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posted Dec 16, 2010, 11:17 AM by Unknown user   [ updated Dec 16, 2010, 3:28 PM ]
The first snowfall of the year of any consequence and the nearness of Christmas have set children's hearts aflutter. Concentration was something they did last night during the play when they had to remember lines of dialogue, song lyrics, and where to stand (or crawl) on the stage. It is amazing what a little frozen precipitation floating down from the sky can do to the brains of people attending (and, if I am to be honest, working in) schools. I wonder if there is the same phenomenon in places like Alaska or Siberia where snow is as commonplace as sun and sand in the Sahara. Are Alaskan and Siberian school children driven to distraction by snowflakes?

I was besieged by sixth, seventh, and eighth graders petitioning me to close the school and send them home, or, barring that, to declare that school be closed tomorrow, no matter what the City and County schools decide to do. The beseeching eyes, the hands clasped in prayerful supplication - I felt like I was back in Southeast Asia where the children are sent out to beg alms from the tourists - all our students needed were some rags to wear...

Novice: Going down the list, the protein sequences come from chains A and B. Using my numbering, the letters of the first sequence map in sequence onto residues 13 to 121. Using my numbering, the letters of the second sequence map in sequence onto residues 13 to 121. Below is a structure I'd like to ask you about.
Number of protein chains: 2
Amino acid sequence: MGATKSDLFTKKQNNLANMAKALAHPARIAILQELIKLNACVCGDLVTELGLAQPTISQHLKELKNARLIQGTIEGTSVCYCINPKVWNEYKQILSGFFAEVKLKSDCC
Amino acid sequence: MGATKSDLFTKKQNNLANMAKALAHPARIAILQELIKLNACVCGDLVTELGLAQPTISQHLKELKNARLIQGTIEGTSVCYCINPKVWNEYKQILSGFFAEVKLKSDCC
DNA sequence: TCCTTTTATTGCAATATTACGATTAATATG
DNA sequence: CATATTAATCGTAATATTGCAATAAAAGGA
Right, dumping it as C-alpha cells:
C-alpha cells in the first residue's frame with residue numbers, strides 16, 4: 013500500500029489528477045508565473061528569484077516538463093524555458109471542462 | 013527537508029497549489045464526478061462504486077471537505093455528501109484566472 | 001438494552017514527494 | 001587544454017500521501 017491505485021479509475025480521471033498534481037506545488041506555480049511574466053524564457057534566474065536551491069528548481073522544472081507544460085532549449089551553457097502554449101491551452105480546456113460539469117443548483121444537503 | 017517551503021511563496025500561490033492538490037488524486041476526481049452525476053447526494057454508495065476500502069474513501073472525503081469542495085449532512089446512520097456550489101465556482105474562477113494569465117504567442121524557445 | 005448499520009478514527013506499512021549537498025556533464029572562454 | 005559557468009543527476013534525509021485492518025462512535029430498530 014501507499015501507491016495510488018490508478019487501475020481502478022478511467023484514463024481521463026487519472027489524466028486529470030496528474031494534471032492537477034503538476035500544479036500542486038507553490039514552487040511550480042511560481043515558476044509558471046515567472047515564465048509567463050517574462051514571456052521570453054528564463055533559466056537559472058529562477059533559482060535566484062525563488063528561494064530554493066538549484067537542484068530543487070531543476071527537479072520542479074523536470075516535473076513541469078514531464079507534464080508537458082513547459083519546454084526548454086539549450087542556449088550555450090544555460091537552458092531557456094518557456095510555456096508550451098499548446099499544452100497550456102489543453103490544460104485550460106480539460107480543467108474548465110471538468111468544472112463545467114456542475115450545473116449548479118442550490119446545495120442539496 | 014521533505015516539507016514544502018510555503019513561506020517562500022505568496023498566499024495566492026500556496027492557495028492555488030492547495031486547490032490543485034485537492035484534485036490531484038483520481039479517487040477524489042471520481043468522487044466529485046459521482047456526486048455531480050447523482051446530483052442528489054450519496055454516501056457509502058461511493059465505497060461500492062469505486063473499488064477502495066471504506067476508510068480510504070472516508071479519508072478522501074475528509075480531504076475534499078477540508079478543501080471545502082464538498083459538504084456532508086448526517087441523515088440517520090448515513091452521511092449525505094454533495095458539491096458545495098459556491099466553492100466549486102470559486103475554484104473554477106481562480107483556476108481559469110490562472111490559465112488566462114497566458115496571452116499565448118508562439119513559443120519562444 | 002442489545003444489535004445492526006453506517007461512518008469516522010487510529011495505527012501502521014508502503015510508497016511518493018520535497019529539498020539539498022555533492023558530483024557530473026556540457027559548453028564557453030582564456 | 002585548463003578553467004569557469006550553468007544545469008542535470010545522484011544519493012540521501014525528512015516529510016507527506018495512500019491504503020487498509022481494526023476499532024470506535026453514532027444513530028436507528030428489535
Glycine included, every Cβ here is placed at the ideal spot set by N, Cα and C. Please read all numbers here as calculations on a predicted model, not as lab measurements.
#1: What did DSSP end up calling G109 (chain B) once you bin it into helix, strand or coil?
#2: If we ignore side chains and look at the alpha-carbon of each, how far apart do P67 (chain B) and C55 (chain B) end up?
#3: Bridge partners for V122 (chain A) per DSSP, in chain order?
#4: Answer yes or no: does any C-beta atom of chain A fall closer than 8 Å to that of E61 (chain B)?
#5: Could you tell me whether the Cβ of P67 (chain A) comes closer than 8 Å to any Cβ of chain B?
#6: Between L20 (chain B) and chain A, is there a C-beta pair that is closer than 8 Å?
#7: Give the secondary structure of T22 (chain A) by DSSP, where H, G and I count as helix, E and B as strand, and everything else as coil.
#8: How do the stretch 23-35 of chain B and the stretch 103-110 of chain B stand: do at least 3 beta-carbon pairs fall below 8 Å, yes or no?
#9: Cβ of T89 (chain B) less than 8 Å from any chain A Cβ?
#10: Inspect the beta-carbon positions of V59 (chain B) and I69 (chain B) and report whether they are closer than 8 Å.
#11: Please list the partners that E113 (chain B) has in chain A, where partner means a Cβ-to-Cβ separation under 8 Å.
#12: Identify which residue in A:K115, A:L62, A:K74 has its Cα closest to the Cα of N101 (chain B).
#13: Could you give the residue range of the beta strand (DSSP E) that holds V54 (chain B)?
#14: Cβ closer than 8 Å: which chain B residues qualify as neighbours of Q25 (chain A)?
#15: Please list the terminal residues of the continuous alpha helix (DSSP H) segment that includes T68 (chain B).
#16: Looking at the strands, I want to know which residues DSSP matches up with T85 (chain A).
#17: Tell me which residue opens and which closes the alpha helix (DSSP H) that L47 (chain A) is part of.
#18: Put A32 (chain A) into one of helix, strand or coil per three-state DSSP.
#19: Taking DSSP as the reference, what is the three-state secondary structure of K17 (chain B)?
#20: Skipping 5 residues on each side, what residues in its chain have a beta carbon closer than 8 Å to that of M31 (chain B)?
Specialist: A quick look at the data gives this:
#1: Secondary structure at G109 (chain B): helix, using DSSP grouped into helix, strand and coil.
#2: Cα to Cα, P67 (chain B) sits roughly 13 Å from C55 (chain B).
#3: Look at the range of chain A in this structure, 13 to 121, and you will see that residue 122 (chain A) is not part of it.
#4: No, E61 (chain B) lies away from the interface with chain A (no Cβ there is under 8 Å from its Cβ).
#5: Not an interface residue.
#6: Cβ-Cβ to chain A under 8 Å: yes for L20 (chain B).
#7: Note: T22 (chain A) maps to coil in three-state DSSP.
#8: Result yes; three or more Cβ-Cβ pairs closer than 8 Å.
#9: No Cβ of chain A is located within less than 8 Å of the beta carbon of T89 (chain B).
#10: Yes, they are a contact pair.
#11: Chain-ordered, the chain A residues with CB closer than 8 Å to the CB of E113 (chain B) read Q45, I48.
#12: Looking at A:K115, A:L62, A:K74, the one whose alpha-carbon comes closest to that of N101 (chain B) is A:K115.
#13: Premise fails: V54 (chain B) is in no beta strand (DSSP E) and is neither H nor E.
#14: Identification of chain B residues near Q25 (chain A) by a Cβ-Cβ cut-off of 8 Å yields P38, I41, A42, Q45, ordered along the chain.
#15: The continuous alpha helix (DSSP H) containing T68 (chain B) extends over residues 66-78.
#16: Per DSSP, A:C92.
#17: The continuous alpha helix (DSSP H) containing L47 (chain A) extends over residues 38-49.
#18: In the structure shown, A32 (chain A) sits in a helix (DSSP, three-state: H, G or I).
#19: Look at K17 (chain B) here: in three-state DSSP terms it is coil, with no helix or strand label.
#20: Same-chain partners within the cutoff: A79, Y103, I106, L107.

Being a Maine boy myself, I have a special affinity for snow. I love to see it, though I hate to shovel it, and there's something about the possibility of a snow day that twitterpates my 49-year-old heart still and makes me feel more like I'm 9-years-old. I wake up early, ostensibly to check the weather so I can responsibly inform the school population as to whether our doors will be opening on-time, late, or not at all - but I am secretly hoping for one of those Chance-card-like pronouncements: "Snow falls on Baltimore. Advance to Go and collect one day off from school."

Last year's snow days were a bit much; back home in Maine the buses would have strapped on the snow chains and followed the plows to my house to haul me off to school. I suppose the motto here in Baltimore is "Better Safe than Sorry" or maybe "We don't have enough plows or places to put our snow." Whatever the case, too many consecutive snow days gets boring. Knowing the night before that tomorrow will be yet another day off from school helps you know not to set your alarm, but the joy of the unexpected, yet hoped-for day off is absent.

Maybe we will have a delay or a cancellation tomorrow. These are rare December occurrences in Baltimore, so I am not expecting either one. But I will take whatever God gives and bless him for it!